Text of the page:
Saturday, July 5, 2014

What is number sense?

Do you ever hear people talk about terms in education and wonder, "Hmmm...I THINK I know what that means..." or "That isn't what I THOUGHT that was..."?

Me too.

I hear people say "reader's workshop" and I wonder if they define it the same way I do.  I hear people say "project based learning" and "formative assessment" and "close reading" and I wonder if I really know what they mean.  Feel the same way?

I think the same can be said for "number sense".  I know teachers are always talking about "number sense"--but I bet each one of us defines it differently and has different ideas about what it means.  So I'm curious...when you hear the term "number sense"--what thoughts go through your mind?  Here's what a few "experts" say...

  1. Number sense essentially refers to a student's “fluidity and flexibility with numbers,” (Gersten & Chard, 2001).
Marilyn Burns describes students with a strong number sense in the following way: “[They] can think and reason flexibly with numbers, use numbers to solve problems, spot unreasonable answers, understand how numbers can be taken apart and put together in different wayssee connections among operations, figure mentally, and make reasonable estimates.”

The National Council of Teachers in 1989 identified the following five components that characterize number sense:
Number meaning

Number relationships
Number magnitude
Operations involving numbers and referents for number
Referents for numbers and quantities


Using number lines can accomplish SO much of this...if the number line activities force students to think and reason.  I truly believe number line use can be one of the most valuable teaching tools we have available to us--and we can model how to use number lines on the fly OR can provide careful, scaffolded practice in small doses to really keep students thinking and analyzing.  Number line problems are very easy to create--but if you want a ton of great problems all ready to print and use, you might be interested in these!  I'd love to know what you think... 


17 comments:

  1. Oh..... the biggie!! Number sense to me is how well kids understand the meaning of a number.... it's value, it's relationship to other numbers, how to use the number.

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  2. Number sense is the kids being able to manipulate different numbers to understand how numbers can relate to each other!

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  3. I agree with Marilyn Burns's definition, especially the ability to mentally manipulate numbers to solve problems as well as the ability to "spot unreasonable answers."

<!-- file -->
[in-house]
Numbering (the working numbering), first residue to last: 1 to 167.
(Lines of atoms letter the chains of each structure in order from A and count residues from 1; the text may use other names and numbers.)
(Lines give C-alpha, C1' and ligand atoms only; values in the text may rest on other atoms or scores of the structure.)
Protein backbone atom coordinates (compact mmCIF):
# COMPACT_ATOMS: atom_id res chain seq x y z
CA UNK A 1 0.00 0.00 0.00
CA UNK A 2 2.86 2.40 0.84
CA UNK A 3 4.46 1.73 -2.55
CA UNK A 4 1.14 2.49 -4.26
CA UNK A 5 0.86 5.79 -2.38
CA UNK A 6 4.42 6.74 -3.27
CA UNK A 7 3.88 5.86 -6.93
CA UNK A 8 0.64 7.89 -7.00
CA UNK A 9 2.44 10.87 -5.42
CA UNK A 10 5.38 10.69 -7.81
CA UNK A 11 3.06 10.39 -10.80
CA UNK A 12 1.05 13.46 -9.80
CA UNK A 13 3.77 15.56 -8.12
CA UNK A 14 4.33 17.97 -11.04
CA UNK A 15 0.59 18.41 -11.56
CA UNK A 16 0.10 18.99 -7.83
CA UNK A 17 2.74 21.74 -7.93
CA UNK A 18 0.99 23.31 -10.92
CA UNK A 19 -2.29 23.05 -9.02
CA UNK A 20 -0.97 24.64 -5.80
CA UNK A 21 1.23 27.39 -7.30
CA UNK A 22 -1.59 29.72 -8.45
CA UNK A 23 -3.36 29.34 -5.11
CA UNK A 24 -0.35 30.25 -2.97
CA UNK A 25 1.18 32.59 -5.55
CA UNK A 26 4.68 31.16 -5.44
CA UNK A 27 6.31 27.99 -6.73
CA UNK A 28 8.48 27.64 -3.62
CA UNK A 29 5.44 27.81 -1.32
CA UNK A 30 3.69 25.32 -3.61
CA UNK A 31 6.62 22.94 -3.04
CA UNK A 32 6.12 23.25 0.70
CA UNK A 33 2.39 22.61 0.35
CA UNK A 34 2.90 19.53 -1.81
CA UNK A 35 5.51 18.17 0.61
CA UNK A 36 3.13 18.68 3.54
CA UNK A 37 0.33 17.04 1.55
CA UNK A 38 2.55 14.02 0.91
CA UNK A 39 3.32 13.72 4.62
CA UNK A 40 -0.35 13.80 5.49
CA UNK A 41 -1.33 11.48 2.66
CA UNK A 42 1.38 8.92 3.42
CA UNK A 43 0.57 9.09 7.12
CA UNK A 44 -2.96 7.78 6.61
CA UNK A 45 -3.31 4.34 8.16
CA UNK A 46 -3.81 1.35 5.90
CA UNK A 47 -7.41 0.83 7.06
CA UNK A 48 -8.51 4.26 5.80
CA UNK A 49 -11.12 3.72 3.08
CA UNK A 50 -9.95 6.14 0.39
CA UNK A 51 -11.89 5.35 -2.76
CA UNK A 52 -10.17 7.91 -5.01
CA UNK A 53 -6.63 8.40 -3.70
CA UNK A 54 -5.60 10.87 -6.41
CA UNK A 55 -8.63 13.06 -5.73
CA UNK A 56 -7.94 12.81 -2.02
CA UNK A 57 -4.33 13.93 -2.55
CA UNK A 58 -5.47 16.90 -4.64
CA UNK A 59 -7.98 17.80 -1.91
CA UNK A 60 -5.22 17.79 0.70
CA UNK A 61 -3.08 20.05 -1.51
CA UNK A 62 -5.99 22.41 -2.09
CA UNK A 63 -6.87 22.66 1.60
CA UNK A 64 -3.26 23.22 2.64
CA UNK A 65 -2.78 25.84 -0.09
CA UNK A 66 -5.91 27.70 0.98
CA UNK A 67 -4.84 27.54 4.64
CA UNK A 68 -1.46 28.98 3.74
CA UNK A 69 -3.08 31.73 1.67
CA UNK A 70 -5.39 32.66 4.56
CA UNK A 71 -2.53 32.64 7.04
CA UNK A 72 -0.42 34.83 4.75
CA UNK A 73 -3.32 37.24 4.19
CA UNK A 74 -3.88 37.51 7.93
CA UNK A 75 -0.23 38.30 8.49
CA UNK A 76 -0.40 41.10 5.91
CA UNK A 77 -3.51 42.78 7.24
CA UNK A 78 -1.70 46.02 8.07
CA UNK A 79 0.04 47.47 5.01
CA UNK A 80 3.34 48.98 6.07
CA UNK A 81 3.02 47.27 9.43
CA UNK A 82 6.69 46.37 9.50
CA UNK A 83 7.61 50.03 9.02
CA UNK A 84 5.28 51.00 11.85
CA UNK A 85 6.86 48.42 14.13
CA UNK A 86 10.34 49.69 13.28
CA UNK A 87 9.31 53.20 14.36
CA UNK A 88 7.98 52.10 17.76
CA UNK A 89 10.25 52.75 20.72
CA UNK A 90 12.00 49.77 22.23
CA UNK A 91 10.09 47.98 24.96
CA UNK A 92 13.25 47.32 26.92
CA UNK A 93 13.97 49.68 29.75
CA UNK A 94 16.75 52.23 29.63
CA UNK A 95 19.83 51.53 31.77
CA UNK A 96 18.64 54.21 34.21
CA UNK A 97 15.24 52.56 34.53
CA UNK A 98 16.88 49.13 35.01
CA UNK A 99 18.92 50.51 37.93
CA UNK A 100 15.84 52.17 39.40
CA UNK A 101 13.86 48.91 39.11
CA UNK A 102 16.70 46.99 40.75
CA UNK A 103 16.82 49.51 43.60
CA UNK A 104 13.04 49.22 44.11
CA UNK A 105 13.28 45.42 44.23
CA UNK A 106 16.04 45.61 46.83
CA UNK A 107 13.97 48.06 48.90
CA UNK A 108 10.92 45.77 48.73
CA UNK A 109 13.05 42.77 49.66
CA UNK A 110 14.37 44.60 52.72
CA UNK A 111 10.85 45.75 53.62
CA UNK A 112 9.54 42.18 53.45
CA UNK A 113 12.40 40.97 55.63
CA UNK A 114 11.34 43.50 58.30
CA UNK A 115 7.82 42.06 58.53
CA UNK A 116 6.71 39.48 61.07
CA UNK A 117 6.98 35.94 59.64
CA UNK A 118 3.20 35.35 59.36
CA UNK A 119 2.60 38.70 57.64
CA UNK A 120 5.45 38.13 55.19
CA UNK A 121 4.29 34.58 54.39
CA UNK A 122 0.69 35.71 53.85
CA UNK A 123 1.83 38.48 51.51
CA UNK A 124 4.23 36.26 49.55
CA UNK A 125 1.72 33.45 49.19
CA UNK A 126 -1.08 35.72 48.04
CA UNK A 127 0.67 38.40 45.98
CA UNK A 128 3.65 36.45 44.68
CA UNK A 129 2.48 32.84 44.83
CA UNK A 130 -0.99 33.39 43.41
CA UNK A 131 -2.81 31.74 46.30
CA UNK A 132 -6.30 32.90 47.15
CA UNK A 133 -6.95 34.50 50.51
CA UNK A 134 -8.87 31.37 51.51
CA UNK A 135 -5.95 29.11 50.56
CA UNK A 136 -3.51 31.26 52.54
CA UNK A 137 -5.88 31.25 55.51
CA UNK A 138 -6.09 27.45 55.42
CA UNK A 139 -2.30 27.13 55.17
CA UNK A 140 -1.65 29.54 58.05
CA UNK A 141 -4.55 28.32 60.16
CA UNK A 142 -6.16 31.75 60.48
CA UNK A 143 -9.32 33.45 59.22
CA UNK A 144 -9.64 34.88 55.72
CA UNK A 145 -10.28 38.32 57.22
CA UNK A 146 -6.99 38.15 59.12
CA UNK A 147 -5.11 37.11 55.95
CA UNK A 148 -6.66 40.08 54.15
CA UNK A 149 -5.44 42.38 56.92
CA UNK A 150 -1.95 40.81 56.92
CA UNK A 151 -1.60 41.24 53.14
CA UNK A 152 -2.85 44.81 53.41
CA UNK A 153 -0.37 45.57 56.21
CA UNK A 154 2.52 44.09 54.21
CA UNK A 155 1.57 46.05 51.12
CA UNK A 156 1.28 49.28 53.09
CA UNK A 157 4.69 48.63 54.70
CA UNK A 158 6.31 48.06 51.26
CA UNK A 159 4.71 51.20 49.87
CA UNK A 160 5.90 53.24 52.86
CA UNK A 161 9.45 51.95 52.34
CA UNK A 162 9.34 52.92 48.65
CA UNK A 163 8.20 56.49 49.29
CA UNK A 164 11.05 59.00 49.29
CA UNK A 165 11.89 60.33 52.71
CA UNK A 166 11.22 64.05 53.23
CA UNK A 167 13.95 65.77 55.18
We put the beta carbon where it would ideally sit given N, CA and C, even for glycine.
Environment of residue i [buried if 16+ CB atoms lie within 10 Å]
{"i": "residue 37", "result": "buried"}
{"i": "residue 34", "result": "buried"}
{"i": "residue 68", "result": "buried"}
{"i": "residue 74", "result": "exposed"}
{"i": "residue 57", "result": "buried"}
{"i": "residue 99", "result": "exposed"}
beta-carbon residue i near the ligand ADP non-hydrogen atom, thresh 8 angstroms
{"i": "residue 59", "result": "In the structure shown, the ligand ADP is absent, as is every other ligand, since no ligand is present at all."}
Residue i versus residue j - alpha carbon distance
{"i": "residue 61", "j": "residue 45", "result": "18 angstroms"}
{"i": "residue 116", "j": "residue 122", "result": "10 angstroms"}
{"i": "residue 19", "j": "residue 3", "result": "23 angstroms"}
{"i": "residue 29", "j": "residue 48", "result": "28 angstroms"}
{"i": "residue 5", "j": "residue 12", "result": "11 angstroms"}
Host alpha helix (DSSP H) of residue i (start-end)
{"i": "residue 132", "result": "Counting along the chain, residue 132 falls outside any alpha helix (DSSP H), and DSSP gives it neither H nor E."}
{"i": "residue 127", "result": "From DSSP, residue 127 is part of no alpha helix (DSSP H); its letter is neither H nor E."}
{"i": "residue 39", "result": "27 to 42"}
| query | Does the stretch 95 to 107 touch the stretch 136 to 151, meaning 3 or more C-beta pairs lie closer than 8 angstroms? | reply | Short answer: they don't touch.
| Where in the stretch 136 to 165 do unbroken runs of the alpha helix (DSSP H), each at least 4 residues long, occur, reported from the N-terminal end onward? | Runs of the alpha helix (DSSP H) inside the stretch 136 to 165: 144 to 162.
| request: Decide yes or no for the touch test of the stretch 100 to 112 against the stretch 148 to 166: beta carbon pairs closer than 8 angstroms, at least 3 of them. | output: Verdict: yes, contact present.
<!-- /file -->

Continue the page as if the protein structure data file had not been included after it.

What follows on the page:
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    1. That is an area that I think I often miss or forget about...the ability to spot the "unreasonable answer". It is important for students to be able to see a number sentence, first know what that means, then tell if it's true or false, and prove or support their thinking.

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  4. Third times a charm...so if my comments come up three times, I'm sorry! I couldn't see them. I think number sense is having a good foundation of base ten and seeing numbers in relationship to one another. Kids that really get base ten seem to be able to manipulate numbers and know what a reasonable answer would be.

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  5. I agree with TeacherNana and Sherri, as well as Marilyn Burns. Number Sense is that deep understanding of numbers--not having to count everything on your fingers because you UNDERSTAND what numbers mean and can see their relationships. It develops with manipulatives and needs to become number fluency so students can see mistakes and improbable answers. This is something I'm reading about this summer, so your items look like a good resource!

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  6. I agree with all so far. Number sense is the ability to see the relationship between numbers and understand that relationship. Those students who do not master this concept struggle with Math consistently. I have used manipulatives in the past and just this past year put the number line into more use. Do not feel I ma proficient in this area but I keep working at it.